The Canberra Times is a daily newspaper in Canberra, published by Fairfax Media part of Nine Entertainment Co.. The Canberra Times was launched in 1926 by Thomas Shakespeare along with his oldest son Arthur Shakespeare and two younger sons Christopher and James; the newspaper's headquarters were located in the Civic retail precinct, in Cooyong Street and Mort Street, in blocks bought by Thomas Shakespeare in the first sale of Canberra leases in 1924. The newspaper's first issue was published on 3 September 1926, it was the second paper to be printed in the first being The Federal Capital Pioneer. Between September 1926 and February 1928, the newspaper was a weekly issue; the first daily issue was 28 February 1928. In June 1956, The Canberra Times converted from broadsheet to tabloid format. Arthur Shakespeare sold the paper to John Fairfax Ltd in 1964, on the condition that it continue to advocate for Canberra. Soon after, in July 1964, the format was switched back to broadsheet and printing was moved to Fairfax's newly installed press in Fyshwick.
Offices remained open in the civic retail precinct until April 1987 when The Canberra Times moved its entire operation to the new office of The Federal Capital Press of Australia in Fyshwick. The paper was sold to Publishing and Broadcasting Limited, which in turn sold it to Kerry Stokes in 1989 for $110 million. Rural Press Limited bought the paper from Stokes in 1998 for $160 million; the Times rejoined the Fairfax stable in 2007. The paper first went online on 31 March 1997. In 2008, The Canberra Times printed a formal apology after the paper published an essay in which Irfan Yusuf falsely accused American historian Daniel Pipes of suggesting that Muslims deserved to be slaughtered as Jews were during the Holocaust. On 17 October 2008, The Canberra Times was distributed with a sticker advertising the ACT Labor Party on the front page. Complaints about the sticker prompted Ken Nichols, to issue an explanation. In October 2013, Fairfax Media announced that The Canberra Times would be restructured to join the Australian Community Media Group of regional and community newspapers, shifting from the metropolitan news division of Fairfax.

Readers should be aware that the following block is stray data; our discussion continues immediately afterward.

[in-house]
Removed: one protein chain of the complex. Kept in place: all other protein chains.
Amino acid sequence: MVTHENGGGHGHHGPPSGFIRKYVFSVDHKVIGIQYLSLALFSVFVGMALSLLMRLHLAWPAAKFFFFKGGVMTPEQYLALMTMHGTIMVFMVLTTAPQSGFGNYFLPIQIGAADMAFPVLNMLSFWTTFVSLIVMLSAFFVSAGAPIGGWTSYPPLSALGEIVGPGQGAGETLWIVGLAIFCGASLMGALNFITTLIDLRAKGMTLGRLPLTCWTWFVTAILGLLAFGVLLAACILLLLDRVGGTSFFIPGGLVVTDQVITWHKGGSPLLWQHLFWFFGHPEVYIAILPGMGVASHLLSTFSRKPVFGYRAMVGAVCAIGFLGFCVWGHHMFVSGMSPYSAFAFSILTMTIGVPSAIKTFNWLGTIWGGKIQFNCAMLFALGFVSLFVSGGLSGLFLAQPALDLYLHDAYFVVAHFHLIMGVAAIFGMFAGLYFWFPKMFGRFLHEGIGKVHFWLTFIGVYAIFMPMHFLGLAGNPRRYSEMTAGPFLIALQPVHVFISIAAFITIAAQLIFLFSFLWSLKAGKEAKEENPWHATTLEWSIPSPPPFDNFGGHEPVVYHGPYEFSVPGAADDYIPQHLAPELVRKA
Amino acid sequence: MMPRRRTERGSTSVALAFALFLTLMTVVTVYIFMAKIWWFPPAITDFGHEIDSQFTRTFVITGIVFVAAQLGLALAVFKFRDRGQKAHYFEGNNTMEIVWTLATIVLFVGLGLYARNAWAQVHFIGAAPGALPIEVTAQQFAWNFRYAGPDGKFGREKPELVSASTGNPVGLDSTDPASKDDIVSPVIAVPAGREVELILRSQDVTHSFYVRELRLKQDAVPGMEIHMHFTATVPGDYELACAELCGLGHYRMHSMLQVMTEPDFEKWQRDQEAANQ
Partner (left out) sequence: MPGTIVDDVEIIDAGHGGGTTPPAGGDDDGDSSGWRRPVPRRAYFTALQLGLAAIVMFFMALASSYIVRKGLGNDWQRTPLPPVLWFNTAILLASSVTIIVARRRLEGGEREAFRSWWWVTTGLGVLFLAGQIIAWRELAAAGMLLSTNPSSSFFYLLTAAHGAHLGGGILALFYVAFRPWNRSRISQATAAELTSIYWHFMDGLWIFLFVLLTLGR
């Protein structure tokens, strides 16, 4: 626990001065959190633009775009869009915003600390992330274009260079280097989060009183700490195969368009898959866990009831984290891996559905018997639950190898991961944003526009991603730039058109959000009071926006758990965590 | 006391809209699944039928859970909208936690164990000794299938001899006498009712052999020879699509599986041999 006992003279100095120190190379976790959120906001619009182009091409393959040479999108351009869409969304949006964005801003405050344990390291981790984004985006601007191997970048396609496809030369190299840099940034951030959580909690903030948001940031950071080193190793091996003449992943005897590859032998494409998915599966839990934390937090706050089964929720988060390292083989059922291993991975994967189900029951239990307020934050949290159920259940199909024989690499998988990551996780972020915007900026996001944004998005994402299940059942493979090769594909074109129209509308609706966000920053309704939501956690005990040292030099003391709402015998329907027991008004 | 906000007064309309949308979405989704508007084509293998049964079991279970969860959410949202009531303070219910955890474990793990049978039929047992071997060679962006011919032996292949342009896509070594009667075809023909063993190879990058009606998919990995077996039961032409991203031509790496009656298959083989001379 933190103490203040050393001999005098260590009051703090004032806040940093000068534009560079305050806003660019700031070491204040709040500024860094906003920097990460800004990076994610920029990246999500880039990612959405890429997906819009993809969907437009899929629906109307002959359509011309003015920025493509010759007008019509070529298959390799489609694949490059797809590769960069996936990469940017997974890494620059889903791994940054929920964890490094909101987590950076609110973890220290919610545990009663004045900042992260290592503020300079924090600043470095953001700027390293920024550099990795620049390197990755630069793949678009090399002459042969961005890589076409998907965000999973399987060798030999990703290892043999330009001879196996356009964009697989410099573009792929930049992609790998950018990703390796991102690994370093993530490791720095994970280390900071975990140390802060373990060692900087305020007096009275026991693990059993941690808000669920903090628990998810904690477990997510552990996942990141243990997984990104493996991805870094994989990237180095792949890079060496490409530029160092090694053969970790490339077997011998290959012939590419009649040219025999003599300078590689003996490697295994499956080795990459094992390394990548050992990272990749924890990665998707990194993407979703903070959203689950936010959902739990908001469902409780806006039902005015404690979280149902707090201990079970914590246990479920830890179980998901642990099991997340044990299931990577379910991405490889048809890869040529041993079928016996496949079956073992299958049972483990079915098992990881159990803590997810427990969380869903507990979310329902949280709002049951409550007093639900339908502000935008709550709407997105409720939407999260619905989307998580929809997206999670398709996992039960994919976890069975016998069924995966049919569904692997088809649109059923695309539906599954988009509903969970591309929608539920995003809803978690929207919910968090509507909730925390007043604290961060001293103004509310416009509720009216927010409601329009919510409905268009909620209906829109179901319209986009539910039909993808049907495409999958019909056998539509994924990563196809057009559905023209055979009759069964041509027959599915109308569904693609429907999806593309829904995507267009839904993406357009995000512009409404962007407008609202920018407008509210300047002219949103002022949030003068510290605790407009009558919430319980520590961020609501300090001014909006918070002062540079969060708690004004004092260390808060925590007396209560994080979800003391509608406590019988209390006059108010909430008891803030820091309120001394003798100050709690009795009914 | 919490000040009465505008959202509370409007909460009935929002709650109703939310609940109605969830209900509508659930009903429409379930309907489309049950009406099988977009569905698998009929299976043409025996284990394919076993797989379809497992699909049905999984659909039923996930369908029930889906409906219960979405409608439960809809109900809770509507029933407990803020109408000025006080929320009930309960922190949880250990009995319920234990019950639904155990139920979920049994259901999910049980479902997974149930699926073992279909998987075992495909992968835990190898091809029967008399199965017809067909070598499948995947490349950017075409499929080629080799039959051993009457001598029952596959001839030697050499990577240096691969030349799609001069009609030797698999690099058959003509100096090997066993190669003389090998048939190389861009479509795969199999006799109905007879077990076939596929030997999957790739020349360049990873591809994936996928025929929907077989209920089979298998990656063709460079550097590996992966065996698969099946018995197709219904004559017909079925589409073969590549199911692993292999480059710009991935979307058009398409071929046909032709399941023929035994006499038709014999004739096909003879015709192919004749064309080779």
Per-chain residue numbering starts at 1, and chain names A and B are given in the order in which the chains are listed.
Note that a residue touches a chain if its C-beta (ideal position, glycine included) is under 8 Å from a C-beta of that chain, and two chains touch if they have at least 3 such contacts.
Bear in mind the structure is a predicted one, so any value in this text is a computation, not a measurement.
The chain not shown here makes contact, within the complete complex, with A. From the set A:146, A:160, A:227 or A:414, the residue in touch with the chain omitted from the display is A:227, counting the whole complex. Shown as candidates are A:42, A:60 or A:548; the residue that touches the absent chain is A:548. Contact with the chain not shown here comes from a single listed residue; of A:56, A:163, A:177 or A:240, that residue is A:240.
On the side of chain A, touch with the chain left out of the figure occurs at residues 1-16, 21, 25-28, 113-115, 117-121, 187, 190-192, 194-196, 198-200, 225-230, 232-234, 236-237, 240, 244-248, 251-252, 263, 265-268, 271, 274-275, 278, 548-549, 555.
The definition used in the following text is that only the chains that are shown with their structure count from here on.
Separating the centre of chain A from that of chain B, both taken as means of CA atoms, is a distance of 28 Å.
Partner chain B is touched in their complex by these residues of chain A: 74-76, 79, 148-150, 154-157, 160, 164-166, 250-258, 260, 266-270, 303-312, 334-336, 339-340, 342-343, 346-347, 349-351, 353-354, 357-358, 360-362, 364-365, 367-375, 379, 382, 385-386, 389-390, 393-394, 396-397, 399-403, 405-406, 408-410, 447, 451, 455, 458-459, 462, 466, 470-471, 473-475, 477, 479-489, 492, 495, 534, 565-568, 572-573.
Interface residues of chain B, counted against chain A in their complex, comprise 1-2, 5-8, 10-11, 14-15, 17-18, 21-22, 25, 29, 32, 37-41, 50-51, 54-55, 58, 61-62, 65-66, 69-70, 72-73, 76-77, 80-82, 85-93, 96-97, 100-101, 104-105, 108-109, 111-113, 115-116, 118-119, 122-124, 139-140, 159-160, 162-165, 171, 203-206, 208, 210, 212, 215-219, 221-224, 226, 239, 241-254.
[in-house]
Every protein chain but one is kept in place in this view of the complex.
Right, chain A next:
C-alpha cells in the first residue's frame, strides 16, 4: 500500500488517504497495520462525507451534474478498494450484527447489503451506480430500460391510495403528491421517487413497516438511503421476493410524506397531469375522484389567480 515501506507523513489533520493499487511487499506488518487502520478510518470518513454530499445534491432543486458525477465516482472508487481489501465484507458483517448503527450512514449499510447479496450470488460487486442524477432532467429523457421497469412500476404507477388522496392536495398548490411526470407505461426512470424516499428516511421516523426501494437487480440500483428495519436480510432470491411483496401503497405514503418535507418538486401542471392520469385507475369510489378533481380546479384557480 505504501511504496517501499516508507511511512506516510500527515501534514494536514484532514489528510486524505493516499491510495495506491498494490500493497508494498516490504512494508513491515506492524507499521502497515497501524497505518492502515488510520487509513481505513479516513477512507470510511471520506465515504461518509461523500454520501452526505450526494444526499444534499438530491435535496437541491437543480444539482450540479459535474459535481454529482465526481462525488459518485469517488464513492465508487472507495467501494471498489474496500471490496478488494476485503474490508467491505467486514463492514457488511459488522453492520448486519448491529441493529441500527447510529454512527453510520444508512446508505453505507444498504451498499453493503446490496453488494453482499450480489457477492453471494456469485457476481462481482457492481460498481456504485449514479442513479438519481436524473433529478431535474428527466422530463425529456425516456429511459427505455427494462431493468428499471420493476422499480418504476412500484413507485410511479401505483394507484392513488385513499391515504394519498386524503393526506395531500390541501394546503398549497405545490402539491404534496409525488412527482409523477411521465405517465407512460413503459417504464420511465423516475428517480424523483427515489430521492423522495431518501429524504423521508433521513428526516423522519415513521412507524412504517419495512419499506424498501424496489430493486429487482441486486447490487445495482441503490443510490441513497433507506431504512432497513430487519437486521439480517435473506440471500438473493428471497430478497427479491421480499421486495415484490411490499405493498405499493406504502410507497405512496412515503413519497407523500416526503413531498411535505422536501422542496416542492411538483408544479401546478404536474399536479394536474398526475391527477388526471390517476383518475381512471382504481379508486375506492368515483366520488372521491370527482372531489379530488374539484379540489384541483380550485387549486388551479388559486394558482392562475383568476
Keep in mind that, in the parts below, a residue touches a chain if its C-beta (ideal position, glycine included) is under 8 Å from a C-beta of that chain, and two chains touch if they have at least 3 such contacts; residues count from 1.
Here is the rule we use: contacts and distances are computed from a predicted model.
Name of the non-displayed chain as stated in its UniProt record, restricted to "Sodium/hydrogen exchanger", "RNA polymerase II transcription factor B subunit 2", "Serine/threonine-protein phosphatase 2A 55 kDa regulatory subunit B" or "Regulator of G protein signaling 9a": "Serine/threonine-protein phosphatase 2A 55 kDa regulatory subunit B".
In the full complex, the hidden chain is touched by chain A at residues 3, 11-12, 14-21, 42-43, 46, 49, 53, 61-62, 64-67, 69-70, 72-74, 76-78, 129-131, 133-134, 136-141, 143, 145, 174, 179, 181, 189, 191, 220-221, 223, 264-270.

A new editorial leadership team was appointed in November 2015, with Grant Newton as editor of the newspaper and Scott Hannaford as deputy editor and news director. In March 2016, staff at the newspaper were told there would be a restructure at The Canberra Times and that the paper would move from a broadsheet format to a tabloid. Fairfax Media announced they would be cutting 12 jobs from the newspaper's staff; the paper's editors have included Jack Waterford and Michelle Grattan, the first female editor of a metropolitan daily newspaper in Australia. A recent editor-in-chief, Peter Fray, left in January 2009 to edit The Sydney Morning Herald, he was succeeded by Rod Quinn, who announced the formation of a new senior editorial team in 2012. Editorial cartoonists have included David Pope and Pat Campbell. List of newspapers in Australia The Canberra Times The Canberra Times at Trove